[Show abstract][Hide abstract]ABSTRACT: Vitamins A (retinol) and E (α-tocopherol) are dietary vitamins, essential for, e.g., growth and development, reproduction, and immune function. Persistent organic pollutants (POPs) have been found to be related to vitamin A and E metabolism. However, few investigations have been published on this health issue in polar bears (Ursus maritimus). The aim of this study was thus to provide reference values for concentrations of vitamin A in liver, kidney cortex, and whole blood and vitamin E in kidney cortex and whole blood from 166 East Greenland polar bears, as well as to assess the relationship between POPs and vitamin concentrations. In addition, vitamin concentrations were analyzed for temporal trends (1994–2008). Results showed vitamin A in liver to be higher in adult bears and the concentrations of vitamin E in kidney and blood to likewise be generally higher in adult bears. In addition, all analyzed contaminant groups were correlated with at least one of the vitamin parameters, predominantly in a negative way. Finally, vitamin A liver concentrations as well as concentration of vitamin E in kidney and blood showed a temporal increase. Together, these results add to the weight of evidence that POPs could be disrupting polar bear vitamin status. However, while the observed temporal increases in vitamin concentrations were likely POP related, the question remains as to whether they stem from influence of contaminants only or also, e.g., changes in prey species. Further studies are needed to tease apart the causes underlying these changes in vitamin concentrations.
[Show abstract][Hide abstract]ABSTRACT: We provide an expansive analysis of polar bear (Ursus maritimus) circumpolar genetic variation during the last two decades of decline in their sea-ice habitat. We sought to evaluate whether their genetic diversity and structure have changed over this period of habitat decline, how their current genetic patterns compare with past patterns, and how genetic demography changed with ancient fluctuations in climate.
[Show abstract][Hide abstract]ABSTRACT: Few studies have investigated the impacts of climate change on polar bears (Ursus maritimus) in East Greenland (EG), where some of the largest rates of sea ice loss have occurred. We used remotely sensed sea ice data to quantify changes in timing of sea ice freeze-up and breakup in EG polar bear habitat between 1979 and 2012. We then quantified movement rates, area use, habitat selection, and distribution and phenology of maternity denning using data from adult female polar bears tracked with satellite transmitters between 2007 and 2010 (n = 7). We compared results to historical data collected from adult females in the 1990s (n = 4). Adult females in the 2000s used areas with significantly lower sea ice concentrations (10-15 % lower) than bears in the 1990s during winter, a pattern influenced by delayed freeze-up in October-December. Adult females in the 2000s were located significantly closer (100-150 km) to open water in all seasons and spent approximately 2 months longer in areas with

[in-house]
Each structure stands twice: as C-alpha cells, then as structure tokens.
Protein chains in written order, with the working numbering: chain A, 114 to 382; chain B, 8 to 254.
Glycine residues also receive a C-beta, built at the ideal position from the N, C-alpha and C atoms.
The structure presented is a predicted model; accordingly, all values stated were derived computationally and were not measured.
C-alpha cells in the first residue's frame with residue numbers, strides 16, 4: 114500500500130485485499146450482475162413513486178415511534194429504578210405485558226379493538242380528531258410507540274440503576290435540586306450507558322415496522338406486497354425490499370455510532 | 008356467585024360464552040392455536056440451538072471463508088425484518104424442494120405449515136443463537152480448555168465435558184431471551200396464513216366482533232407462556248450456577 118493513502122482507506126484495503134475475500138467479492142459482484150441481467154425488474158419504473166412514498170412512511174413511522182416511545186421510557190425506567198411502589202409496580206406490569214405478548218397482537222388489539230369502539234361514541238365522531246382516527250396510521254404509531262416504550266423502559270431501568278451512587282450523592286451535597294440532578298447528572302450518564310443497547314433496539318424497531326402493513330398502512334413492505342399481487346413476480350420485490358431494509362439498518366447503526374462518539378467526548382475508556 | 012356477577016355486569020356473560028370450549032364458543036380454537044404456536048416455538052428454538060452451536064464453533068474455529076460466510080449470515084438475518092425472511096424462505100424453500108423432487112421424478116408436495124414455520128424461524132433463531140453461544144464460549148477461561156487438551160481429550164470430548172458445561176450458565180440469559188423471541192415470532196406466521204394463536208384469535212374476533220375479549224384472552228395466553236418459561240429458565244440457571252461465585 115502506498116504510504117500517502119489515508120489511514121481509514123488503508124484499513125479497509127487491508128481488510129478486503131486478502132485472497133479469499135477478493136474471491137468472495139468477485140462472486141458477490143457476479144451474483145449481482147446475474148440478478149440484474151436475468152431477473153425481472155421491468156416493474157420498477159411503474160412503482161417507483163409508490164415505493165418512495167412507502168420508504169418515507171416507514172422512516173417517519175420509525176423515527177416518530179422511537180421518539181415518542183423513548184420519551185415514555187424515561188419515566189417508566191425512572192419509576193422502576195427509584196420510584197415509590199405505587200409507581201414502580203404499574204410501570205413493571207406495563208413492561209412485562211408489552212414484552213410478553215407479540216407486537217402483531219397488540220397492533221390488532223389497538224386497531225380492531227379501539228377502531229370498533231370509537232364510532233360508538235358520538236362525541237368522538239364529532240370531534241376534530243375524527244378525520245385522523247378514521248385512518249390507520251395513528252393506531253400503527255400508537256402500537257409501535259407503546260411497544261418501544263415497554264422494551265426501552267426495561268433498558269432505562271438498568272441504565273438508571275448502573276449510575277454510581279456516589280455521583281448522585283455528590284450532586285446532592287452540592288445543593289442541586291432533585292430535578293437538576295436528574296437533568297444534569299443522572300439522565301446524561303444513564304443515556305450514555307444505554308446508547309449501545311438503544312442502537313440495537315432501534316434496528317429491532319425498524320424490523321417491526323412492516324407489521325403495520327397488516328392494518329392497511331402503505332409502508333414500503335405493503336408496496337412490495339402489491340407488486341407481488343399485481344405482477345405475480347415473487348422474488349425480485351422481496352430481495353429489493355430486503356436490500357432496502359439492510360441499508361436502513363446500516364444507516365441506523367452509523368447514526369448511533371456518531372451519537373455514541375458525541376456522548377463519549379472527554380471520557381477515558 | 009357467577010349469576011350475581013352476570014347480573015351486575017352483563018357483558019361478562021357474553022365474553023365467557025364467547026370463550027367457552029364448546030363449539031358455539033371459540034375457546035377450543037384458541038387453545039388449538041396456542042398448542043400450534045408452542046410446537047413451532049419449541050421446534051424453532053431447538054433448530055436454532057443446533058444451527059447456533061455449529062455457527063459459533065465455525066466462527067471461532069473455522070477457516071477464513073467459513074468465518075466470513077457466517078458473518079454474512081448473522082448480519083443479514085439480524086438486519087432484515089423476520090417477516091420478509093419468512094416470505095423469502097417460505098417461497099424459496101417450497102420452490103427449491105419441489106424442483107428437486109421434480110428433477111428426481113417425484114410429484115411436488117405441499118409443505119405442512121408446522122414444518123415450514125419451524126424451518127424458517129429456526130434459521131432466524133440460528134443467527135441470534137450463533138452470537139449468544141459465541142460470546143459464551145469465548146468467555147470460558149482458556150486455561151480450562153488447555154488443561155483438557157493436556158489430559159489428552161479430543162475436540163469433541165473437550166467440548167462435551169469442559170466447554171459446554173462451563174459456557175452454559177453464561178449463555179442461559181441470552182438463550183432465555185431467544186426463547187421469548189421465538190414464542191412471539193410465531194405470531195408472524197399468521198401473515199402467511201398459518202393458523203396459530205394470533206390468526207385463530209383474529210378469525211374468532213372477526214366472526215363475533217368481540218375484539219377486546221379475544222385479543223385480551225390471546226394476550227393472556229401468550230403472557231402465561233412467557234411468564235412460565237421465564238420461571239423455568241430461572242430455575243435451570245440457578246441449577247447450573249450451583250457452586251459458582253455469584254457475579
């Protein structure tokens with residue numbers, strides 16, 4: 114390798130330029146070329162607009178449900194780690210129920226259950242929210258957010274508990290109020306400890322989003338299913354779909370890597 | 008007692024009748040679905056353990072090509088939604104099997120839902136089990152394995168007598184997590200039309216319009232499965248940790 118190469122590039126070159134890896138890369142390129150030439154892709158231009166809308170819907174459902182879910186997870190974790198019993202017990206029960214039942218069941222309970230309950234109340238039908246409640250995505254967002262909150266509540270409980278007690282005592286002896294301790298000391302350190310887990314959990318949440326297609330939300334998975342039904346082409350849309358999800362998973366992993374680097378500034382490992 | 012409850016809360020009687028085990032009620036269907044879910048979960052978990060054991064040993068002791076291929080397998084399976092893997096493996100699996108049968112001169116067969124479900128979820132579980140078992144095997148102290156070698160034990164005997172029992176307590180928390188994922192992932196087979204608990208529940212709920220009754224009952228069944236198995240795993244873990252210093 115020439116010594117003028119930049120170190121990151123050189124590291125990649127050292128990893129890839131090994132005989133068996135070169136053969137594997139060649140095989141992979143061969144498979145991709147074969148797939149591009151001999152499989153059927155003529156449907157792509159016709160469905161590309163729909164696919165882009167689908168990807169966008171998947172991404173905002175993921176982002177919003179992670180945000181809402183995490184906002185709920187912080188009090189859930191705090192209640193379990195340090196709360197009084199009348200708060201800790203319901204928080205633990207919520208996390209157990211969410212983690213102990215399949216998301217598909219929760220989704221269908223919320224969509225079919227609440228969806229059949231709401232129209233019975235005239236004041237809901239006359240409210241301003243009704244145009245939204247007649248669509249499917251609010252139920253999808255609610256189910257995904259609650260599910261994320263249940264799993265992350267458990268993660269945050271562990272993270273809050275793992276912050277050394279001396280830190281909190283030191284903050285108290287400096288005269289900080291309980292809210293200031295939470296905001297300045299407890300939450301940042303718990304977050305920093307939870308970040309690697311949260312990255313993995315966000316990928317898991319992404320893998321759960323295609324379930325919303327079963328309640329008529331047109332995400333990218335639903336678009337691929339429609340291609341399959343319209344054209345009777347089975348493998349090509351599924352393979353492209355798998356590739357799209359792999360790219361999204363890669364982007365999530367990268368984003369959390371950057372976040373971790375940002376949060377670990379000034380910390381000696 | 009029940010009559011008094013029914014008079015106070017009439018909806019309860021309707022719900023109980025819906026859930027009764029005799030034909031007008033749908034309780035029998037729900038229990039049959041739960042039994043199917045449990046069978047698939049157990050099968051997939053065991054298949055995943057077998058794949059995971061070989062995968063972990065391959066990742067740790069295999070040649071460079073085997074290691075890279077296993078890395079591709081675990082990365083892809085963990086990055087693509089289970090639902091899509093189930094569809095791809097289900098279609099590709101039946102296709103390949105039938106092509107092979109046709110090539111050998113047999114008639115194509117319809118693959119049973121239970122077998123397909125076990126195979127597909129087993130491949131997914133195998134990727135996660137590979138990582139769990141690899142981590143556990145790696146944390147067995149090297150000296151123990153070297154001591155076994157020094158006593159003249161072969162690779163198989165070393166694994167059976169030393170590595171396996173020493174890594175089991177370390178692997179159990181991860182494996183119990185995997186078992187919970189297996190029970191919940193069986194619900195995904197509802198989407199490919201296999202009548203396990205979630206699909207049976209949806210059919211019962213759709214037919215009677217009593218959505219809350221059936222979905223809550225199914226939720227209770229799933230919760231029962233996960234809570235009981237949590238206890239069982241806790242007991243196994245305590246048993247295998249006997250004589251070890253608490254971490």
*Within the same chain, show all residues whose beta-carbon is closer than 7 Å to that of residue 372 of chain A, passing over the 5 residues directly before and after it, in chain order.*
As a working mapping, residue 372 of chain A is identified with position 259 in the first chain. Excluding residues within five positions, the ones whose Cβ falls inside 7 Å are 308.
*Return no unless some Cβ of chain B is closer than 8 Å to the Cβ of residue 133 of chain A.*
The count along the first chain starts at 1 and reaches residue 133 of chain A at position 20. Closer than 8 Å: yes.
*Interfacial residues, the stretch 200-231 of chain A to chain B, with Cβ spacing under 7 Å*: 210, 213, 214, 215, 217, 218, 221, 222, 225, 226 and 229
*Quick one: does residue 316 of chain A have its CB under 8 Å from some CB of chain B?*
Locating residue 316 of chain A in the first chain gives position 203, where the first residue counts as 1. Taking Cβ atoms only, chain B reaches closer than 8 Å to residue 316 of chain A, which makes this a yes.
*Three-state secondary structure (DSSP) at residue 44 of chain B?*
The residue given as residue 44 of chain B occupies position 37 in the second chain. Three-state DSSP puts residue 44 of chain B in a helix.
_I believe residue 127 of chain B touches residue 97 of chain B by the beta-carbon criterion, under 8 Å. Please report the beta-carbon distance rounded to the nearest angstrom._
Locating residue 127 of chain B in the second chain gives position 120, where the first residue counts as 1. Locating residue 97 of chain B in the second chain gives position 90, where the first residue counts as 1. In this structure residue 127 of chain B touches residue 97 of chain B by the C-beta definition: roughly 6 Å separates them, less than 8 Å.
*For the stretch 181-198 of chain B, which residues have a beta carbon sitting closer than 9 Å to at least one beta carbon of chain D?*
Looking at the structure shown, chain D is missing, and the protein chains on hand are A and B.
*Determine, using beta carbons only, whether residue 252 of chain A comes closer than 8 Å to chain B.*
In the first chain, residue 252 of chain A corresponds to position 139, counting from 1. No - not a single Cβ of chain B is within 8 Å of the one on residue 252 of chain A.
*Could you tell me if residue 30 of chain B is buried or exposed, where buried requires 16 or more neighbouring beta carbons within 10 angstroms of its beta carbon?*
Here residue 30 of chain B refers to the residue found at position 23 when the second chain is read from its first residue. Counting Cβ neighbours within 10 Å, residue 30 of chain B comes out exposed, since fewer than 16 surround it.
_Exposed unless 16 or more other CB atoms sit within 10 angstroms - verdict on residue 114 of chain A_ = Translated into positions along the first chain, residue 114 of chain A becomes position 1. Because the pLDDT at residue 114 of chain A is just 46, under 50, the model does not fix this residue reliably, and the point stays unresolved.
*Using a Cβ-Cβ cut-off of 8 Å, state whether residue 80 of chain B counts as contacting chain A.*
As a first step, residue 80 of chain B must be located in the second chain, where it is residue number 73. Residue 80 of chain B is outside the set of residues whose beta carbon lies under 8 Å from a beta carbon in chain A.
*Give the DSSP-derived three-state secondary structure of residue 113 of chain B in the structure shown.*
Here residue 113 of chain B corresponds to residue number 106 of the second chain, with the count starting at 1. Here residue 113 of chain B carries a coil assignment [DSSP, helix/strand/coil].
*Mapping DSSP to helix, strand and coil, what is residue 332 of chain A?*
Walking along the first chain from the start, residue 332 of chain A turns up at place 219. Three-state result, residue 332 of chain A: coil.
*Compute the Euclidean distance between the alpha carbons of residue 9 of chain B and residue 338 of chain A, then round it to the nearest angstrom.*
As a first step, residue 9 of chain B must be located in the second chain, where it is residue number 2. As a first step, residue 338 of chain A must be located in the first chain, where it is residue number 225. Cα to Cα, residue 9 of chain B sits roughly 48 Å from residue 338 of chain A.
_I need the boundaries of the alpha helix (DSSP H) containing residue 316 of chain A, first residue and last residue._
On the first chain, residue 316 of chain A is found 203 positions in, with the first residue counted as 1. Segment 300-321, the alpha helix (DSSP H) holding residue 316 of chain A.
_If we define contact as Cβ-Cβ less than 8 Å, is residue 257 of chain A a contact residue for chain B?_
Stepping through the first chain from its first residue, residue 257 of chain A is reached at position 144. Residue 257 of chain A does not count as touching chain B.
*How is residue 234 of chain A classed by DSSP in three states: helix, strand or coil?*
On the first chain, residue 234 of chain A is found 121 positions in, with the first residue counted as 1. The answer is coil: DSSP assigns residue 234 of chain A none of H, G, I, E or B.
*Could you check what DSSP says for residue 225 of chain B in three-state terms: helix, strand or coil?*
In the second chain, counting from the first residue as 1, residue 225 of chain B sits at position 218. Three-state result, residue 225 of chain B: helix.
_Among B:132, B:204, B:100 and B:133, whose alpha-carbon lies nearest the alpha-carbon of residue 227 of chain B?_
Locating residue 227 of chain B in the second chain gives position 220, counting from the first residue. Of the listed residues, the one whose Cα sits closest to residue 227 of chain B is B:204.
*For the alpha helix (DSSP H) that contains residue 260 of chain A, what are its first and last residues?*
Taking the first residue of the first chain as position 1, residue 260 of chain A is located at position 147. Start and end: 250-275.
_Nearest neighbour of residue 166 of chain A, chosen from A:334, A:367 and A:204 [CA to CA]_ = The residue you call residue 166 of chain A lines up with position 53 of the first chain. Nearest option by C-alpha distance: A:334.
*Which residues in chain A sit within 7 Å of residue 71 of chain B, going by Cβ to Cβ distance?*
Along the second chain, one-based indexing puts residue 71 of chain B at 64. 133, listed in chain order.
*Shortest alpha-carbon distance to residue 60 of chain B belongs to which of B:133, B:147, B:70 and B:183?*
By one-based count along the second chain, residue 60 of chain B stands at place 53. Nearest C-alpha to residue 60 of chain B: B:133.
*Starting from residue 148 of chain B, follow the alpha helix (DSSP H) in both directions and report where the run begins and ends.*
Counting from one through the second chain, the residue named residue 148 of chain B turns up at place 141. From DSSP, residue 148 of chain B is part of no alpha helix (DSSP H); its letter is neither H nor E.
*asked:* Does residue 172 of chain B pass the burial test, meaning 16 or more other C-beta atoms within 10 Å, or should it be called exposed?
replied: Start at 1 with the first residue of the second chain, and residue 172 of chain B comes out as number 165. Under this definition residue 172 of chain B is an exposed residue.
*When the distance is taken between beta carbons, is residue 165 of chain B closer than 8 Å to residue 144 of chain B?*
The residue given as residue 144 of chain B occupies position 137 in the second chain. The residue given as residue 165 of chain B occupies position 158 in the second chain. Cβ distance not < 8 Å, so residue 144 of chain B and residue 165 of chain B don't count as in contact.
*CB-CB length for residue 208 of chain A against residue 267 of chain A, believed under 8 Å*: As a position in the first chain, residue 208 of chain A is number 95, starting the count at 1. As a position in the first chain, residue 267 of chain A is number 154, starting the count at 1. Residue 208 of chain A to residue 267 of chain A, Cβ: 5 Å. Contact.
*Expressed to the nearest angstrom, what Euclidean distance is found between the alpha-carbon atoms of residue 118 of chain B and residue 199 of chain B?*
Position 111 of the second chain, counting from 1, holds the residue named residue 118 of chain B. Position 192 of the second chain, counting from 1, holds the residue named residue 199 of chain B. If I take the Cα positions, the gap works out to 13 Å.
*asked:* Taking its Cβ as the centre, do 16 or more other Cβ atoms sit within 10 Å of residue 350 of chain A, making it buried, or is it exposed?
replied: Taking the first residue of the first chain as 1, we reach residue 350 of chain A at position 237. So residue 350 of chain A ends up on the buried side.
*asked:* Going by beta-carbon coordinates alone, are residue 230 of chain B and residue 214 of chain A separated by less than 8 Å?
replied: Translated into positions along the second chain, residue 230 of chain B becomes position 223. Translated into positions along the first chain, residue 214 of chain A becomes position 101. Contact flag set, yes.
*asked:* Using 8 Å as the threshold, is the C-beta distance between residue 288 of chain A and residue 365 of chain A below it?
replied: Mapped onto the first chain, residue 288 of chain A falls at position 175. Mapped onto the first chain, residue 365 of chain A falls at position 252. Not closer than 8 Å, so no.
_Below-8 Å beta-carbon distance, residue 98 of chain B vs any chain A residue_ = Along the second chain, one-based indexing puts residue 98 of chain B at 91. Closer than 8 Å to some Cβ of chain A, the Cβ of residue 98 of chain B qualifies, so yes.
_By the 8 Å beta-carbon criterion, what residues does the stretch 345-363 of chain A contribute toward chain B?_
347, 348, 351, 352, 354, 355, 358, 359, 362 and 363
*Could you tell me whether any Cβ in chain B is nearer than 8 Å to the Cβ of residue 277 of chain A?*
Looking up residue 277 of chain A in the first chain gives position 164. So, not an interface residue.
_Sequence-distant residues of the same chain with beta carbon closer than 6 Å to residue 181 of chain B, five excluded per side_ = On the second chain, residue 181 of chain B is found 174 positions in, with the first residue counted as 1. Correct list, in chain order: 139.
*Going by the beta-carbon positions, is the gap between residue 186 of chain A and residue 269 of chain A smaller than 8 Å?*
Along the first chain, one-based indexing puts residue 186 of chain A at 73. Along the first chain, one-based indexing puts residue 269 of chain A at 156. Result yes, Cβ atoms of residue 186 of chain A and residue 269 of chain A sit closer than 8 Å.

[Show abstract][Hide abstract]ABSTRACT: We provide an expansive analysis of polar bear (Ursus maritimus) circumpolar genetic variation during the last two decades of decline in their sea-ice habitat. We sought to evaluate whether their genetic diversity and structure have changed over this period of habitat decline, how their current genetic patterns compare with past patterns, and how genetic demography changed with ancient fluctuations in climate. Characterizing their circumpolar genetic structure using microsatellite data, we defined four clusters that largely correspond to current ecological and oceanographic factors: Eastern Polar Basin, Western Polar Basin, Canadian Archipelago and Southern Canada. We document evidence for recent (ca. last 1–3 generations) directional gene flow from Southern Canada and the Eastern Polar Basin towards the Canadian Archipelago, an area hypothesized to be a future refugium for polar bears as climate-induced habitat decline continues. Our data provide empirical evidence in support of this hypothesis. The direction of current gene flow differs from earlier patterns of gene flow in the Holocene. From analyses of mitochondrial DNA, the Canadian Archipelago cluster and the Barents Sea
[Show abstract][Hide abstract]ABSTRACT: This study reports on the first successful identification of the site of origin of an extralimital walrus in Europe. On 24 February 2010 an adult male Atlantic walrus (Odobenus rosmarus rosmarus) migrant was instrumented with a SPOT-5 satellite-linked transmitter (SLT) while hauled out on a beach on the Faroe Islands at 62° 15' N/06° 32' W. This SLT transmitted until 5 March during which period the walrus made local movements, likely for feeding. Transmissions were not received during 6-25 March, however, visual observations during this time indicated that the walrus remained at the Faroe Islands. A second transmitter was deployed on the same animal on 25 March 2010 at another site on the islands (62° 16' N/07° 04' W). Activity data collected over 13 days indicated that the walrus hauled out in three different places in the Faroe Islands and used a total of 24% of its time resting on land. On 29 March 2010 the walrus left the Faroe Islands and headed WNW towards NE Iceland. On 2 April it took a NNE course and swam towards Svalbard where the last location was received from a sea ice covered area on 25 April 2010 at 78° 27' N/09° 20' E (i.e. ca. 40 km west of the island of Prins Karls Forland in the western Svalbard archipelago). During 29 March-22 April the walrus swam a minimum distance of 2216 km between the last location at the Faroe Islands and the first location at Svalbard, with an average swimming speed of 4.5 km/h. A genetic analysis indicated that this walrus belonged to the Svalbard-Franz Josef Land subpopulation, thereby confirming that it returned to its site of origin.